Hotel Ulivi pool with views of Lake Iseo

I often stay in Travelodges in the UK and if you book at least 21 days in advance you can find family rooms for as little as £19. Not all Travelodges are at service stations in the middle of nowhere, there are some in city centres.

7) Your top 3 most memorable food experiences to date and why?
We spent three nights on half board at the Wide Mouthed Frog, a seafood restaurant with rooms near Oban in the north west of Scotland. The fresh seafood was so good.

The Grange Restaurant in North Berwick, east of Edinburgh has freshly prepared dishes using local produce.  The three course lunch menu costs £9.95. Then you can have a walk along the beach and enjoy views over to the Bass Rock.

North Berwick beach with a view to the Bass Rock

When I’m in France and Spain I”ll generally have the “Menu of the Day” which costs around 15 euros for three courses and I don’t think I’ve ever had an awful meal.

8) Your 3 worst destination/ accommodation /food experiences to date and why?
The Hotel Villa Maya near Pisa in Italy which I christened the Boot Camp because of all the rules, regulations and extra charges.  What upset me is that it was the most expensive overnight stay on our one week tour of Tuscany and Umbria in May 2008 and I choose it because of it’s alleged charm and atmosphere

The Lodge Hotel in Hunstanton in Norfolk, the reviews were good and the hotel looks very attractive on the exterior. It is a listed building, a former Dower House which has retained some period features. However when we entered our room it was as though we were in a different building. Our room was small, totally lacking in charm or character, with bland white furniture, a ripped sheet and patches of mould growing on the shower tiles. The breakfast was not great, no fresh fruit, warm fruit juice and rubbery fried eggs. It cost £65 a night and the £15 Travelodge room in which we stayed on our way home was far superior.

My worst experience was on the overnight ferry returning from Netherlands to Newcastle during very rough weather.  I was so sea sick and it was awful to know that I was stuck on the boat for the whole night.

9) Can you offer the readers 3 travel/ food / accommodation / things to do tips about the city you are currently living in?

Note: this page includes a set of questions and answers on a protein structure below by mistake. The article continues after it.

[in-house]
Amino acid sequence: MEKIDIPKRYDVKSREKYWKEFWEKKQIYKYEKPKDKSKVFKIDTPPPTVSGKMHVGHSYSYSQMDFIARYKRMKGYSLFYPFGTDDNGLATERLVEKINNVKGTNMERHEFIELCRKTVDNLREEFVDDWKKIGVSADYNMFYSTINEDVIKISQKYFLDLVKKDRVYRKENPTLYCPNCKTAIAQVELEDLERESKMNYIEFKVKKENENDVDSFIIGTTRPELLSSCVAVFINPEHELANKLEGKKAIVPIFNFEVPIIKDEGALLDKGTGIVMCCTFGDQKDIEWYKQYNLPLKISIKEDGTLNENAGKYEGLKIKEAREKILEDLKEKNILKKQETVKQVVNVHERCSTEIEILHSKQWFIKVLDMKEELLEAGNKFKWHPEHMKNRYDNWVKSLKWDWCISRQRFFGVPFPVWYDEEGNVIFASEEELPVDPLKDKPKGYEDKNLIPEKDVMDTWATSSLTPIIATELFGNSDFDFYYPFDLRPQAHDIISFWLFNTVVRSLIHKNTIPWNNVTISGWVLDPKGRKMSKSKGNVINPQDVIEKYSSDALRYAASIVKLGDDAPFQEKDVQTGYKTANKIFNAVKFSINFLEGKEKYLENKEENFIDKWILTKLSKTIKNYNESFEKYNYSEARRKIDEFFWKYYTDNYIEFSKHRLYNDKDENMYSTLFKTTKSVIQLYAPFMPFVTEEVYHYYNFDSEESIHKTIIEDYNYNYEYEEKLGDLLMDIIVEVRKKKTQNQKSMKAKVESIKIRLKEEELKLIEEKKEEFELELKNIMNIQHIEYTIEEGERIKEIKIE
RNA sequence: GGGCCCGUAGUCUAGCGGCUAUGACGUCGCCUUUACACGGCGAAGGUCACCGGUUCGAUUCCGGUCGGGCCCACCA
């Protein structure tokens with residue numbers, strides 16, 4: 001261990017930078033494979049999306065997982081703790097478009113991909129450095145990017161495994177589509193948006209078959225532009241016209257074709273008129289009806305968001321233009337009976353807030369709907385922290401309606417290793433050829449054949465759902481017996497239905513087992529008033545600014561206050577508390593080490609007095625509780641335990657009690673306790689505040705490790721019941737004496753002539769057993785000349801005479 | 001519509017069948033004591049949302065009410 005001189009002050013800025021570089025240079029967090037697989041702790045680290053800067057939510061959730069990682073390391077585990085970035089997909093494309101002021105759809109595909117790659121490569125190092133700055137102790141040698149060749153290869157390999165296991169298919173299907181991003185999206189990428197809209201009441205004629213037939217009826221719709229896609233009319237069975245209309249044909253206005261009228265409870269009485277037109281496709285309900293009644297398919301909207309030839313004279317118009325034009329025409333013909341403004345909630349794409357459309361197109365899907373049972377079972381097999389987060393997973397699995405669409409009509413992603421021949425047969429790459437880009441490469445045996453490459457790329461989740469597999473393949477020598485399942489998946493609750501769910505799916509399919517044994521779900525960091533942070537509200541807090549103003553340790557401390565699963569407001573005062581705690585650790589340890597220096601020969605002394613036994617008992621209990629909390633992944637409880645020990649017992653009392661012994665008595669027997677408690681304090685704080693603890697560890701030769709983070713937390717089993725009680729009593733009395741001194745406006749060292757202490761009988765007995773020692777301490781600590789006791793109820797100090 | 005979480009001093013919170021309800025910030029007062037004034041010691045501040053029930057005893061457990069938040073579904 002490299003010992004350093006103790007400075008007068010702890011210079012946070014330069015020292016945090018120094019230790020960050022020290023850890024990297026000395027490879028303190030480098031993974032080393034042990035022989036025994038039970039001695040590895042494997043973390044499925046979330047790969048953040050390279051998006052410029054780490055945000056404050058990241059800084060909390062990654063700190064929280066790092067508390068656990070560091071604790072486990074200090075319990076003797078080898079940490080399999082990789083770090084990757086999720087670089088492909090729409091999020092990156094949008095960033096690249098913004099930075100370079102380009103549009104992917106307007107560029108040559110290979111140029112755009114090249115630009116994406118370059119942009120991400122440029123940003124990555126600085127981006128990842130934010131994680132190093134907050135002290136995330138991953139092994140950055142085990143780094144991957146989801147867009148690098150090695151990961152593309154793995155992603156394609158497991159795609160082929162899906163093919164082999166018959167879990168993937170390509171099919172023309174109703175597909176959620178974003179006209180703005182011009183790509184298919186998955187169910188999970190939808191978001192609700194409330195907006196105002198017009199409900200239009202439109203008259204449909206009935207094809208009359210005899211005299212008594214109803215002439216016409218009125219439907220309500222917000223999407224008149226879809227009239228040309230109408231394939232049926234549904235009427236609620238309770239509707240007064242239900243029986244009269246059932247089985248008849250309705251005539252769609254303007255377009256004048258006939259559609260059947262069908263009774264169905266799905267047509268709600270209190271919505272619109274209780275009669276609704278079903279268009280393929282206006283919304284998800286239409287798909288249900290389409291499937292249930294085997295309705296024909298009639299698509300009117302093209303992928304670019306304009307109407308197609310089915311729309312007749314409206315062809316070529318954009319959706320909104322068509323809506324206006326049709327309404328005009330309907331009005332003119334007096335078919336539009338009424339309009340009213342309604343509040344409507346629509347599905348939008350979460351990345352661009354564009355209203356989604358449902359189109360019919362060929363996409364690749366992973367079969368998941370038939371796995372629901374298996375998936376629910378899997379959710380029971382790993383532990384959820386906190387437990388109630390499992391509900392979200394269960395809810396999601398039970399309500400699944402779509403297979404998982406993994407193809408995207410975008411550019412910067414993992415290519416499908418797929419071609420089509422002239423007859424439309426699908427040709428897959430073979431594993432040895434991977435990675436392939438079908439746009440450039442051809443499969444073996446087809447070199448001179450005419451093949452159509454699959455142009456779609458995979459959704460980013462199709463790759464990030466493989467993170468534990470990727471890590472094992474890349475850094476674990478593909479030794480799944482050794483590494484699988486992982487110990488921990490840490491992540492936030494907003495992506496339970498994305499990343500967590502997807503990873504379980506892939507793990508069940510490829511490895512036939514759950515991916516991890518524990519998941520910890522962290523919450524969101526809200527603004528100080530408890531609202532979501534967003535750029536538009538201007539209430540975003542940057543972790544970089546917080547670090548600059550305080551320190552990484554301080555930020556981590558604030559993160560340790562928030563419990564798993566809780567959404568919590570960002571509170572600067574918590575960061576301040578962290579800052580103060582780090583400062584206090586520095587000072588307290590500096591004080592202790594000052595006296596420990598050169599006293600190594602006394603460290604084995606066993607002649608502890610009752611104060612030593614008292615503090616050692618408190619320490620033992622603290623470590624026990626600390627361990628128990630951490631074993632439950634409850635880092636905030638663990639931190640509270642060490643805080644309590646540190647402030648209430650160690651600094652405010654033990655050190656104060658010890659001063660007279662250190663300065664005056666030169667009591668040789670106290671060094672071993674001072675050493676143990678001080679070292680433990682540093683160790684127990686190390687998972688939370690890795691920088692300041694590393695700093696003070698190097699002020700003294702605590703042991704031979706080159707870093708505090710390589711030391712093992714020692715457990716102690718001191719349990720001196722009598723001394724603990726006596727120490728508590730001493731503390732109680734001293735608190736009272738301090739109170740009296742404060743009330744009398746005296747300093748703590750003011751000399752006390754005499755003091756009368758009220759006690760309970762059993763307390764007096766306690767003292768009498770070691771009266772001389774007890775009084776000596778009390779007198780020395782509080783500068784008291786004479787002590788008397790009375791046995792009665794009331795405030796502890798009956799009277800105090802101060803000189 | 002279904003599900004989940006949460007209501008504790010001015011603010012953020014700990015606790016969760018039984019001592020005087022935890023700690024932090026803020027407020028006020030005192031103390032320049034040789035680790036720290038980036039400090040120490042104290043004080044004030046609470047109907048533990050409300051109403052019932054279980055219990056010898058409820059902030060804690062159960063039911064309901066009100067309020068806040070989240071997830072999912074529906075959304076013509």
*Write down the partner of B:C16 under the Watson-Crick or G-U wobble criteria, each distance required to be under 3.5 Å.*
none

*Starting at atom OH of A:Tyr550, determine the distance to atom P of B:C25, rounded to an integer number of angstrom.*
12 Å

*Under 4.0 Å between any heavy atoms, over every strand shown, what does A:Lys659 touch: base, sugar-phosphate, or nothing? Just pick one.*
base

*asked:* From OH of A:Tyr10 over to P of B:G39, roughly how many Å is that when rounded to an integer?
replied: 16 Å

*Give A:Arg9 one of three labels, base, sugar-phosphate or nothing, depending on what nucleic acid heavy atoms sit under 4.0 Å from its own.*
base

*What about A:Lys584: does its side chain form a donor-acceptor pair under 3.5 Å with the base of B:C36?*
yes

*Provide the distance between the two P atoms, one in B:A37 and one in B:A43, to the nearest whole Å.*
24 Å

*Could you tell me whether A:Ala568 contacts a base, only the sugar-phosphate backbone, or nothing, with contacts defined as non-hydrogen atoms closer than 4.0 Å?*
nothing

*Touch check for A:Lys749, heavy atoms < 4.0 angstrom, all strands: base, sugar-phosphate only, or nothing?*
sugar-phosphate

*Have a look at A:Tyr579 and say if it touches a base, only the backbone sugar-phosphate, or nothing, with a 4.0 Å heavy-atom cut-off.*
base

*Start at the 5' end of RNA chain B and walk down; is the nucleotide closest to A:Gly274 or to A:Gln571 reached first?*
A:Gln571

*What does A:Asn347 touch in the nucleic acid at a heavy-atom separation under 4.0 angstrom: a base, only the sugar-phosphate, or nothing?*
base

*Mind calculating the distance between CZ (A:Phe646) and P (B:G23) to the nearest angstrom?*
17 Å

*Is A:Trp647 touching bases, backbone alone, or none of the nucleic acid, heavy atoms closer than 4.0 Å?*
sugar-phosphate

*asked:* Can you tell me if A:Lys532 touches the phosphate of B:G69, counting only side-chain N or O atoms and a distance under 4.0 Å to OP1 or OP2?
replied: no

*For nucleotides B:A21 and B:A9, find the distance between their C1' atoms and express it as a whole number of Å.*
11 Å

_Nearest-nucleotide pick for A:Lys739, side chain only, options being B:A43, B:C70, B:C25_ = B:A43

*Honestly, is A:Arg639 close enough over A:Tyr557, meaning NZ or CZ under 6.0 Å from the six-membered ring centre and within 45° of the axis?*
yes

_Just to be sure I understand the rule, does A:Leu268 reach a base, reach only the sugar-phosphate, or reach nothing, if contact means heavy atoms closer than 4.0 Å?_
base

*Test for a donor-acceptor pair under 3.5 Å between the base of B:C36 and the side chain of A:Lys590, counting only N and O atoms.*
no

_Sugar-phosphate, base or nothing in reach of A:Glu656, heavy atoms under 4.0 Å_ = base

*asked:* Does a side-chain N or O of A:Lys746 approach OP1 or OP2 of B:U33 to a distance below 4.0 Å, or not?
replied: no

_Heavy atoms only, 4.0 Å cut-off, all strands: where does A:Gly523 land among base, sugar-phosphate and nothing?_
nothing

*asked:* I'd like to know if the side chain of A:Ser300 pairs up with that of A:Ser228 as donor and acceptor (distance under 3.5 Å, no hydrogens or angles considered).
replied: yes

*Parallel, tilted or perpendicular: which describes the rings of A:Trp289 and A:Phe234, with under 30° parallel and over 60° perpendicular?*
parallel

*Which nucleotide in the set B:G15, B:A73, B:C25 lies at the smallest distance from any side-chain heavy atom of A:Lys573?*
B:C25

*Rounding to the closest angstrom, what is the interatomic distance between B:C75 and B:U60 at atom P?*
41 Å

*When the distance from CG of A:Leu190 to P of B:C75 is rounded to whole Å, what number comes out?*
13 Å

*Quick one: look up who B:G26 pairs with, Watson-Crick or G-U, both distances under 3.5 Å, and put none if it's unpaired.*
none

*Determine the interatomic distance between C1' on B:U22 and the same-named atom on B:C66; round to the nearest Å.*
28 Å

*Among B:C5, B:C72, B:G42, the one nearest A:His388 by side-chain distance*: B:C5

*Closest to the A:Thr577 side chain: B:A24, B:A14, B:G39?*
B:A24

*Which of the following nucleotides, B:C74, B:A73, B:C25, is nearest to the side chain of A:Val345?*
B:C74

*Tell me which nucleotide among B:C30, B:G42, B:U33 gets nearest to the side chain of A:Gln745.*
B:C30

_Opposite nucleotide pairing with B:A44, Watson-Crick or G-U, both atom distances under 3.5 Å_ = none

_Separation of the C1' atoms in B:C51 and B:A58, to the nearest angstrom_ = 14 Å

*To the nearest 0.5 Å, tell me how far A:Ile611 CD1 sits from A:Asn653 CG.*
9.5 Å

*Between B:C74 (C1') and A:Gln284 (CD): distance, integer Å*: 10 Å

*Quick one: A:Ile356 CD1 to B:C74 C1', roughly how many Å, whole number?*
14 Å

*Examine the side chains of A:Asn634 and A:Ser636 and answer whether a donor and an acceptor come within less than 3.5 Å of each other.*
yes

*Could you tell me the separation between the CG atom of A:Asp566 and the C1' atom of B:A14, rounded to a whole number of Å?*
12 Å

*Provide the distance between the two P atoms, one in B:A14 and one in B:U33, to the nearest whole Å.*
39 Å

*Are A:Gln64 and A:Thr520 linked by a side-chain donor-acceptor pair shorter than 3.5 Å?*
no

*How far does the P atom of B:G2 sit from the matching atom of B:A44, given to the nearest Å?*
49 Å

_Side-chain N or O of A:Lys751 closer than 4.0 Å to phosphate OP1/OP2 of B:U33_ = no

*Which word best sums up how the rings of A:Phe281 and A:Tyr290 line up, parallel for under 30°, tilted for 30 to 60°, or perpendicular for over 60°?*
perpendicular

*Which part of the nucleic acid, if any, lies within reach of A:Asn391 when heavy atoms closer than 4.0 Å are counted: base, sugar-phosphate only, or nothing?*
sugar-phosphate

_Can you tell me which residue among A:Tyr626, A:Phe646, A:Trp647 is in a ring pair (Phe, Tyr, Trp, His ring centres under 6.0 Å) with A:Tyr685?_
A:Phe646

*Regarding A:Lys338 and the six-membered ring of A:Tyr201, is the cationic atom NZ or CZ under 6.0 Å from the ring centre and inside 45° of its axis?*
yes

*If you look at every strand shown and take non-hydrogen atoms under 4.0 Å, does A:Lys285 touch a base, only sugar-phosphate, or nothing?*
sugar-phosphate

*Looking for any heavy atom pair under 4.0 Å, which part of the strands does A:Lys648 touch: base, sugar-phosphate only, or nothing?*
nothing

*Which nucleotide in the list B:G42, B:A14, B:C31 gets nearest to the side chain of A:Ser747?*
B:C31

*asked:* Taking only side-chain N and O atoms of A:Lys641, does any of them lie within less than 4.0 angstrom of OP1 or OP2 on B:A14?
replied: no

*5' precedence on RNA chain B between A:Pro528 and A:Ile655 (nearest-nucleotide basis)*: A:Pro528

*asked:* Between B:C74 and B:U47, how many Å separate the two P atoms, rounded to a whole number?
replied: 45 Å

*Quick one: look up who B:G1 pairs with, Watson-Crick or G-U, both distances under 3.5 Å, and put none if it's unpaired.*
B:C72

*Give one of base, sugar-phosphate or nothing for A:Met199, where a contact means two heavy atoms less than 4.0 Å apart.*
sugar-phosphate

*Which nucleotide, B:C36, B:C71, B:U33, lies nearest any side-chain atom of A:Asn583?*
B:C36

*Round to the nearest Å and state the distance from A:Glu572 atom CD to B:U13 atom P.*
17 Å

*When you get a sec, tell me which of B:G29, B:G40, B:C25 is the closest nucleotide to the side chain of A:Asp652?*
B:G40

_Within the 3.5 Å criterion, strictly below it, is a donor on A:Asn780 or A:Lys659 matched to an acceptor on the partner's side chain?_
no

I’ve lived in the town of Berwick upon Tweed in the far north eastern corner of England for two years. It is rather confusing as there’s a North Berwick on the east coast of Scotland, around 45 miles north of Berwick upon Tweed.   Berwick upon Tweed lies three miles from the border with Scotland, on the estuary of the River Tweed. It’s a beautiful town with intact Elizabethan town walls and a beach at Spittal.

The best things to do in Berwick are the walks:

a – You can walk around the town walls and along the pier encountering very little traffic.

Berwick upon Tweed pier

b – Walk along the riverside and spot many birds such as herons, cormorants and the large colony of mute swans. Sometimes the seals come quite far up the river.

c- Walk along Spittal Beach with views of Bamburgh Castle and Holy Island to the south.

10) Any Question(s) you’d expected me to ask that you would like to answer?

Happy Hotelier I think I’ve been interrogated sufficiently.

Thanks a lot, Karen. This must be the longest post I’ve ever seen you writing. I do believe the multi author policy is rocketing your Blog!

Last edited by Happy Hotelier on Thursday, October 15, 2009

The Hague Revealed – A Local’s Perspective (10 Questions For (2): Happy Hotelier)

Gudrun of Uptake gave this example and asked Claude of Les Explorers, Erica of Travel Blissful and me to do the same for our own cities.

The Hague: Hofvijver with Mauritshuis (left) and Houses of Parliament.

1. Give 5 adjectives that you would use to describe the “feel” of The Hague and its residents:
Historic, Stylish, Green, Multicultural City by the Sea.

2. What are your favorite neighborhoods?
Defenitely the Lange Voorhout for its stately mansions. The Denneweg and Noordeinde for their antique and fashion shops, and De Passage shopping mall, over 100 years ago built after a Milanese example.

I live on an outskirt, but love the “Statenkwartier” for its stylish mid 19th beginning 20th century architecture. Uniform in building height – so you won’t get the rain from under your skirt like around high rises – though diversified.

The Beach in whatever weather type. The weather is not always good.

3. Which cuisine do you think The Hague does best? What is the runner-up?(feel free to share your favorite restaurant(s))
I would say Fish. If I say “City by the Sea” I am actually referring to Scheveningen. Scheveningen is a part of The Hague, but the residents still consider it as their own town. It has some fine fish restaurants. My two favorites there are Seinpost and Mero

Then I would say: Indonesian food. In the Hague live many people who were born in Indonesia or had worked there and hence some of the finest indonesian food can be found in The Hague. My favorite is Keraton Damai.

There is no restaurant that serves typical Dutch food. Almost any type of food has its own restaurant (The Hague area counts over 600). For a fine Dim Sum we use to frequent Mandarin Palace.

For more European food we tend to recommend the restaurants: Calla’s (named after the flower) in a hidden small street in the Center, and restaurants Spijs (translated as Food) and Restaurant Water Proef (which has multiple meanings: Water Taste, Taste (it) at the Water front or Waterproof) at Scheveningen Harbour.

4. What is the best free thing to do?
A stroll along the Boulevard (the Beach) or in the dunes. A visit to the Westbroek Park, especially when the roses are blooming, or a picnic in the Westbroek Park, weather permitting…